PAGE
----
The media is in a frenzy over the rapidly unfolding sexual abuse scandal involving the hallowed Penn State University football program. Nittany Lions assistant football coach Jerry Sandusky, who retired in 1999, allegedly assaulted eight boys during a 15-year span.
Two current Penn State officials have also been charged with participating in a cover up of those charges. Athletic Director Tim Curley and Interim Vice President for Finance and Business Gary Schultz have both been indicted on state charges of perjury and failing to report a felony.
Curley has been placed on administrative leave and Schultz has returned to retirement. It should be noted that all three individuals have, through their attorneys, stated their innocence and intent to fight the charges.
Even more troubling are the roles played by legendary Penn State head coach Joe Paterno and one of his assistant coaches, Mike McCreary. McCreary testified before the grand jury that handed down the indictments that in March 2002, while working as a graduate assistant, he observed Sandusky in a shower area of the team locker room with a young boy. McCreary reported that Sandusky was engaged in what McCreary believed was anal intercourse with the child who was described as looking about 10-years-old.
McCreary went to Paterno’s house the next day and told him what he observed. There is some confusion over exactly how much detail he went into, but Paterno was clearly troubled because the next day, a Sunday, he went to Curley and relayed the information.
At that point, nothing more apparently happened. It is known that at some point Curley told Schultz about the conversation with Paterno. It is unclear if and when anyone notified Penn State President Graham Spanier about the incident.
What is known is that for almost nine years Sandusky continued to maintain an office as a Professor Emeritus in the School of Physical Education at Penn State—a building located across the street from the football building. He also continued to have a key and access to the football building, although a claim has surfaced that he was told to stop going into the shower area. He was seen in the building as recently as November 4. He also continued to use facilities at three PSU satellite campuses to conduct summer youth football camps, including one in summer 2011.
Sandusky had leveraged his position with Penn State, where he coached for almost 30 years, to establish a non-profit foundation called The Second Mile It runs programs for at-risk children. Sandusky allegedly engaged is the sexual abuse of at least eight boys in that program between 1994 and 2009.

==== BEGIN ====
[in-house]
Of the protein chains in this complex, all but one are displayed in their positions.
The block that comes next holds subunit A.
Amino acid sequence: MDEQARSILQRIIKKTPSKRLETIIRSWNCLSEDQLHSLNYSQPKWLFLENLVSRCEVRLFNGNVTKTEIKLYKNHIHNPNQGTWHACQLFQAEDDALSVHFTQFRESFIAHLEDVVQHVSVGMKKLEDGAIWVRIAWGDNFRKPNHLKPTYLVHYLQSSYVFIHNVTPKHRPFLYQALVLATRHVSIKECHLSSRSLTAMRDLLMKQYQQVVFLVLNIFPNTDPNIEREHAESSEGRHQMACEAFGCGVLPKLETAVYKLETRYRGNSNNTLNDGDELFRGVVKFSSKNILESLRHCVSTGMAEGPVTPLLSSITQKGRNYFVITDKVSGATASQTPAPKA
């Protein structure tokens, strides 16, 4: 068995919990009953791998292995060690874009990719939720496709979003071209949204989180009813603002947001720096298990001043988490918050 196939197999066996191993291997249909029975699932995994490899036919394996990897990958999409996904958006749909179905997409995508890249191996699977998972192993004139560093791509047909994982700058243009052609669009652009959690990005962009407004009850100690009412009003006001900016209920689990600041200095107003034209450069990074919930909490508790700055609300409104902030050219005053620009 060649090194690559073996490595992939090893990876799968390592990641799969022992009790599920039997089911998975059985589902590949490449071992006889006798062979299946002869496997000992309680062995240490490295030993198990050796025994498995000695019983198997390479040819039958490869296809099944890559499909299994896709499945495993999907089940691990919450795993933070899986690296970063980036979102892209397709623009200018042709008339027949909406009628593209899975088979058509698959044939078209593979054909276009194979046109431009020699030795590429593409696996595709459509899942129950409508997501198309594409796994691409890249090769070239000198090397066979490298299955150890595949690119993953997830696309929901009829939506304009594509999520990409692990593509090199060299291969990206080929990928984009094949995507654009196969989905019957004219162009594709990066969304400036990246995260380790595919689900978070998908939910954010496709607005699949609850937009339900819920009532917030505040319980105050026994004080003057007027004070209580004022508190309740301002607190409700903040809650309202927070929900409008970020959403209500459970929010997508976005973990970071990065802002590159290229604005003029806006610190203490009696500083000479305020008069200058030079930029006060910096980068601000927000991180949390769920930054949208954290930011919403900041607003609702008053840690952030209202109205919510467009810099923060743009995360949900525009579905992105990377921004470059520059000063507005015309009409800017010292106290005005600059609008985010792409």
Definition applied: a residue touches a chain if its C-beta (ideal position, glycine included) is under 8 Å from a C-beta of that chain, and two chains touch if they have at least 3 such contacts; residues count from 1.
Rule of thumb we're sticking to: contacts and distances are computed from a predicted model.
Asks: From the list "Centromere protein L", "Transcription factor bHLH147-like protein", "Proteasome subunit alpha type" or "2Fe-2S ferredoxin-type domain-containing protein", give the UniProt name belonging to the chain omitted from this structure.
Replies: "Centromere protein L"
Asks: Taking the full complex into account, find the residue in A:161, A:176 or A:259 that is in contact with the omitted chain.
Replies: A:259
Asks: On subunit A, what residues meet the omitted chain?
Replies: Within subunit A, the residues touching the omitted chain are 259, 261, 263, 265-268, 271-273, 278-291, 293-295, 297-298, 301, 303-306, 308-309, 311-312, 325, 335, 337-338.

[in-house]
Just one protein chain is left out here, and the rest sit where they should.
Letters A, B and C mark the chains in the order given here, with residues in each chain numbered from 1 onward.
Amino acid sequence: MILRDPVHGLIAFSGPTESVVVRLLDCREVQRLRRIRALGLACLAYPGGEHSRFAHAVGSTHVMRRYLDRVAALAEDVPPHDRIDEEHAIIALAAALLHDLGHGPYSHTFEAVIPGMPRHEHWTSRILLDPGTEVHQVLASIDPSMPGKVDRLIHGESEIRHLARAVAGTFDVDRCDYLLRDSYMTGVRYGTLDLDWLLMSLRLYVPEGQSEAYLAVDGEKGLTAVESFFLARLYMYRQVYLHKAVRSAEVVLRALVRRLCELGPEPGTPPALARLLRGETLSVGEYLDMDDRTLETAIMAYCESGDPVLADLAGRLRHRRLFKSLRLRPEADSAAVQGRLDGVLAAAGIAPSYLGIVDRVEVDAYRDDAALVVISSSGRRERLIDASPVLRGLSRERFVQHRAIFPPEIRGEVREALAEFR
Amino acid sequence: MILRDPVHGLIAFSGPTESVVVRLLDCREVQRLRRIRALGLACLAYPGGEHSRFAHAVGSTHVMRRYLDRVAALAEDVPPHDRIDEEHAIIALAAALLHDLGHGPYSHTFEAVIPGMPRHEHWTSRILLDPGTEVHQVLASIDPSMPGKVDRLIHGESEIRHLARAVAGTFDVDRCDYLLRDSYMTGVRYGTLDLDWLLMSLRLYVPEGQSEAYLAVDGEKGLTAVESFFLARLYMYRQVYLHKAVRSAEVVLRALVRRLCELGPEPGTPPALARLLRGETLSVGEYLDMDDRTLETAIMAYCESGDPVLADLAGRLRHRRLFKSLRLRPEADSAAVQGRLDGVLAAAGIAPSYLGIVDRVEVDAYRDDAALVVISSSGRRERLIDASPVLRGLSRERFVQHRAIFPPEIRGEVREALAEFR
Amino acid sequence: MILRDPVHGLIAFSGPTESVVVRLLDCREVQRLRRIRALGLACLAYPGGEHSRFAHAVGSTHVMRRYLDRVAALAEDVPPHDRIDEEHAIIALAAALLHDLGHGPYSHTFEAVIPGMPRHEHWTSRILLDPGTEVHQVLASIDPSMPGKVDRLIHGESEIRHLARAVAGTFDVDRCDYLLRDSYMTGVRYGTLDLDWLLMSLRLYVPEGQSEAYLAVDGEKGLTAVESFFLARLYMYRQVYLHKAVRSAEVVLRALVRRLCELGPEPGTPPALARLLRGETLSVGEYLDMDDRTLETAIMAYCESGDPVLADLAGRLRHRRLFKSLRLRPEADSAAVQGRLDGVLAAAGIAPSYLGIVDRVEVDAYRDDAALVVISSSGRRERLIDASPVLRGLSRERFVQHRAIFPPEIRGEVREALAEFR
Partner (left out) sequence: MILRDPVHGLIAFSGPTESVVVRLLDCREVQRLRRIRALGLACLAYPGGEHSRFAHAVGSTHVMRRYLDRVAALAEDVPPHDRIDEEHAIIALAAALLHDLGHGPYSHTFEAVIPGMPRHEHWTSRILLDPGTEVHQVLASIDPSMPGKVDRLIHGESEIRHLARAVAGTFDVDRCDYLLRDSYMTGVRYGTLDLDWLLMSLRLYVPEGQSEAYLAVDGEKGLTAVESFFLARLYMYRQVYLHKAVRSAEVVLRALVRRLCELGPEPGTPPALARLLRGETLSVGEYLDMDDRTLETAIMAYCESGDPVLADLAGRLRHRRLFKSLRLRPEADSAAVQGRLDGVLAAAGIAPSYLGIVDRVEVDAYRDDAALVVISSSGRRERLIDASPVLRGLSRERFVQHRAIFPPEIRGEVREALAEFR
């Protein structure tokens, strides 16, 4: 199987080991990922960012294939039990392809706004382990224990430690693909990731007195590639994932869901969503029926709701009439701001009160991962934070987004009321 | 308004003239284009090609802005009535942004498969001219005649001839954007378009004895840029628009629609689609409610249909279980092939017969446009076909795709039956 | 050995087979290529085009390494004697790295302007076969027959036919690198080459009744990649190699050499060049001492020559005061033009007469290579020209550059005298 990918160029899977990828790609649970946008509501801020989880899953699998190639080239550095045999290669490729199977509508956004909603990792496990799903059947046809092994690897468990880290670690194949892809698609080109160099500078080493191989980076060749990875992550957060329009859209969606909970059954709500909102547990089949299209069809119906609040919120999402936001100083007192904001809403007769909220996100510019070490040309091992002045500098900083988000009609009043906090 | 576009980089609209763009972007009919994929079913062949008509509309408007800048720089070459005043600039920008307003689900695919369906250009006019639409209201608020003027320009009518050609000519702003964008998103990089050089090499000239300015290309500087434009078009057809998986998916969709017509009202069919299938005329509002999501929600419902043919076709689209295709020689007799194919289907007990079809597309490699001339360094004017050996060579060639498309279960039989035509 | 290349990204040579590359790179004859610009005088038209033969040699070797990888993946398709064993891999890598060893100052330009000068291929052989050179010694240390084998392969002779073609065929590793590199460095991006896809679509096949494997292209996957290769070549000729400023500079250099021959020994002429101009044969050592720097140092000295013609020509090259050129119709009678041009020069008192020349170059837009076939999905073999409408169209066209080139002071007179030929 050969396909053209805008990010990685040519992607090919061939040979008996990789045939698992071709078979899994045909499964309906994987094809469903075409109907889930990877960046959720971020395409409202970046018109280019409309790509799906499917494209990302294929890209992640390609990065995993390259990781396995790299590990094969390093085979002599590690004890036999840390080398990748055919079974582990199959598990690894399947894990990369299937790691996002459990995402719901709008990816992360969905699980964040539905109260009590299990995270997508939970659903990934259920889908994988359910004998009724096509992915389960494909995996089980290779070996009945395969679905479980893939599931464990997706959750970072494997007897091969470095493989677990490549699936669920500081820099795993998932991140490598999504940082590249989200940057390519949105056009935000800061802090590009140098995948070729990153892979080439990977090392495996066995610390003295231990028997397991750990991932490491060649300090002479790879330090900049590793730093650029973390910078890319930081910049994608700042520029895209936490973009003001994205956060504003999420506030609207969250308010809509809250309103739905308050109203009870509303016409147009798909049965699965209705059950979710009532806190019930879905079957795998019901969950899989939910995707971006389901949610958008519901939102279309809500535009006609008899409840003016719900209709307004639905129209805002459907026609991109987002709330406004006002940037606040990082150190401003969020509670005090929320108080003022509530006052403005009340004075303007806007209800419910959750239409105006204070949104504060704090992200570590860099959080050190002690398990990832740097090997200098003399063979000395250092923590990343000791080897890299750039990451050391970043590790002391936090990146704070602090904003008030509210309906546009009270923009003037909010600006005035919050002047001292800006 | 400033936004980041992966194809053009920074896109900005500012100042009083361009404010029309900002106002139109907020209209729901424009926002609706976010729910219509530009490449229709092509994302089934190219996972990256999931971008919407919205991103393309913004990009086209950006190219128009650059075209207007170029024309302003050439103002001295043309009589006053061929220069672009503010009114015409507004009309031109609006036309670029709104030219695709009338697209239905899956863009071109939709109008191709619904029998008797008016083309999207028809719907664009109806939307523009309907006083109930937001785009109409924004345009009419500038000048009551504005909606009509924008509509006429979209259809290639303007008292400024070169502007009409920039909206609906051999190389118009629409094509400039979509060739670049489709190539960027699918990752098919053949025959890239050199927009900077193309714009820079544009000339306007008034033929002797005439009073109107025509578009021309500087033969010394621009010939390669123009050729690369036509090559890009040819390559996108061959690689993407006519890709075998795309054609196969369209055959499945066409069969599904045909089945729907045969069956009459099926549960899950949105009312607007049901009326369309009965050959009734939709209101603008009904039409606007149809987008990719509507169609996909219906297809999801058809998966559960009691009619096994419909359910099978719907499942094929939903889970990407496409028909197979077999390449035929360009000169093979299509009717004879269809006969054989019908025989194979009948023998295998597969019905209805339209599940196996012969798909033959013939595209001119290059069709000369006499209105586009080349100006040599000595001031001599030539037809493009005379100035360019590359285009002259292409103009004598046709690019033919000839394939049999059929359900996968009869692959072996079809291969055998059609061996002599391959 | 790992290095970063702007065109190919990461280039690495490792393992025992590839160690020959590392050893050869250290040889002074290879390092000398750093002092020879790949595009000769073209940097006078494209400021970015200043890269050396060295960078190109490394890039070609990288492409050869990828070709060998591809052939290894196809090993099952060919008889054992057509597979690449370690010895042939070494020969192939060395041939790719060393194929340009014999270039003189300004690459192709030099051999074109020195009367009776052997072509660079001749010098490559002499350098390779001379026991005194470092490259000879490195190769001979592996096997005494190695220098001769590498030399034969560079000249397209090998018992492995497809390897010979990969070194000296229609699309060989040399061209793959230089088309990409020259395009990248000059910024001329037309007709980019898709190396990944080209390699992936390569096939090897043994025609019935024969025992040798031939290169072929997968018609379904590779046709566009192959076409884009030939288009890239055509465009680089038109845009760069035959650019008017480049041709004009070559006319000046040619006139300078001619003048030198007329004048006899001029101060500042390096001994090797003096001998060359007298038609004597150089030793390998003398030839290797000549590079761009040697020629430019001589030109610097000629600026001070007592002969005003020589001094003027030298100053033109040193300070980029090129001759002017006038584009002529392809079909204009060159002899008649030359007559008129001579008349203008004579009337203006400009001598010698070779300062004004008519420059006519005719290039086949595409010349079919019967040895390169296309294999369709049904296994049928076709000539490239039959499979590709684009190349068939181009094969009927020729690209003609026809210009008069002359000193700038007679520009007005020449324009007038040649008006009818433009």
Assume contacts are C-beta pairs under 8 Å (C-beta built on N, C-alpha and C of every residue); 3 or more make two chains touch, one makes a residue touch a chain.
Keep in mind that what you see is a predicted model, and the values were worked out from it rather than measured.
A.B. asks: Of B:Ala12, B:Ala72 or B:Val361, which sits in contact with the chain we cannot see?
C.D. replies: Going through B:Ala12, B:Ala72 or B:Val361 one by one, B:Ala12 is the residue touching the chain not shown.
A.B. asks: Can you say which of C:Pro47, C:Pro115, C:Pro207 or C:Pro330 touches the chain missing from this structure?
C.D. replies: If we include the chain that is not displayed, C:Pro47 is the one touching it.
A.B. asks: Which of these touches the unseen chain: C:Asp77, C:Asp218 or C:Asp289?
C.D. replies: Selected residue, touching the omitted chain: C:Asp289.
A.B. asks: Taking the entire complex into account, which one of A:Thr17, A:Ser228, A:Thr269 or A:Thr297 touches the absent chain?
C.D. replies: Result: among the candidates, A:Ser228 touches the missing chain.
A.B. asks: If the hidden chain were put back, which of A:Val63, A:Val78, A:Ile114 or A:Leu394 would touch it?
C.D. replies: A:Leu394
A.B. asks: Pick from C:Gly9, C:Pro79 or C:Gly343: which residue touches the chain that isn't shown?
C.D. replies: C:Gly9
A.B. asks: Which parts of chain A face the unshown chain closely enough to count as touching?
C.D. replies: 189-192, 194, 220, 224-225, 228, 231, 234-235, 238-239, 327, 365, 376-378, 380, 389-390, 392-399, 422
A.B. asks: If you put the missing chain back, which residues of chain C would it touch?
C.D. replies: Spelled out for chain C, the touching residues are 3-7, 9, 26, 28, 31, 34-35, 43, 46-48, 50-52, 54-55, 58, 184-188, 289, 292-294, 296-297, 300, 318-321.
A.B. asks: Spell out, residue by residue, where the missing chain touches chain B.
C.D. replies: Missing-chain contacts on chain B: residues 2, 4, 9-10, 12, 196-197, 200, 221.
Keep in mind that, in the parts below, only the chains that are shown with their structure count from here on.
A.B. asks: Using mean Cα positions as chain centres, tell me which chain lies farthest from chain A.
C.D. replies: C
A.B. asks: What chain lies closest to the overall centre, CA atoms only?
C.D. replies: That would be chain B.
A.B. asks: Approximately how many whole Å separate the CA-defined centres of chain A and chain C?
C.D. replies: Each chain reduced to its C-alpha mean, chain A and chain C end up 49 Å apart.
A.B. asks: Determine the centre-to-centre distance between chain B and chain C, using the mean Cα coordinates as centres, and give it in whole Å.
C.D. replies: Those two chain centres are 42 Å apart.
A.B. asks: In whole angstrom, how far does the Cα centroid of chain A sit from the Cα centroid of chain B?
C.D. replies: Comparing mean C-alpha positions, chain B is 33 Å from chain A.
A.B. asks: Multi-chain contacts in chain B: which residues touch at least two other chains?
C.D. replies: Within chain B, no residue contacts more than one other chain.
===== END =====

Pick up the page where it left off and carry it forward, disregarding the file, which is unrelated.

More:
Sandusky was Paterno’s top assistant for several years and at one point was believed to be the chosen successor when the venerable coach retired. That plan changed in early 1999 and after being told this by Paterno, Sandusky retired. His retirement agreement granted him the office and continued access to Penn State facilities.
What is interesting about this scandal is the narrow, legalistic defense of his actions put forth by Paterno. In a statement given by one of his sons following the breaking story on Nov. 4, Paterno admitted that he testified before the grand jury a few months ago. He said that he told the grand jury that when he spoke with McCreary back in 2002, he took steps to report the matter to his boss. Once he discharged what he described as his legal duty, he did nothing more and apparently never even followed up to see what was being done.
The head of the Pennsylvania state police has stated that Paterno is not a target of the legal investigation. He did, however, say that there is a clear difference between a person’s LEGAL obligations and a person’s MORAL obligations, especially when the welfare of children is at stake.
That is apparently among the things troubling the Penn State Board of Trustees. They met in emergency meetings over the weekend and have announced that a special committee is being appointed to quickly investigate matters. The announcement stated that all individuals found to have responsibility for not following through on the initial reports will be dealt with severely. Several media outlets have reported that anonymous sources have stated that support for both Paterno and Spanier is rapidly eroding among trustees.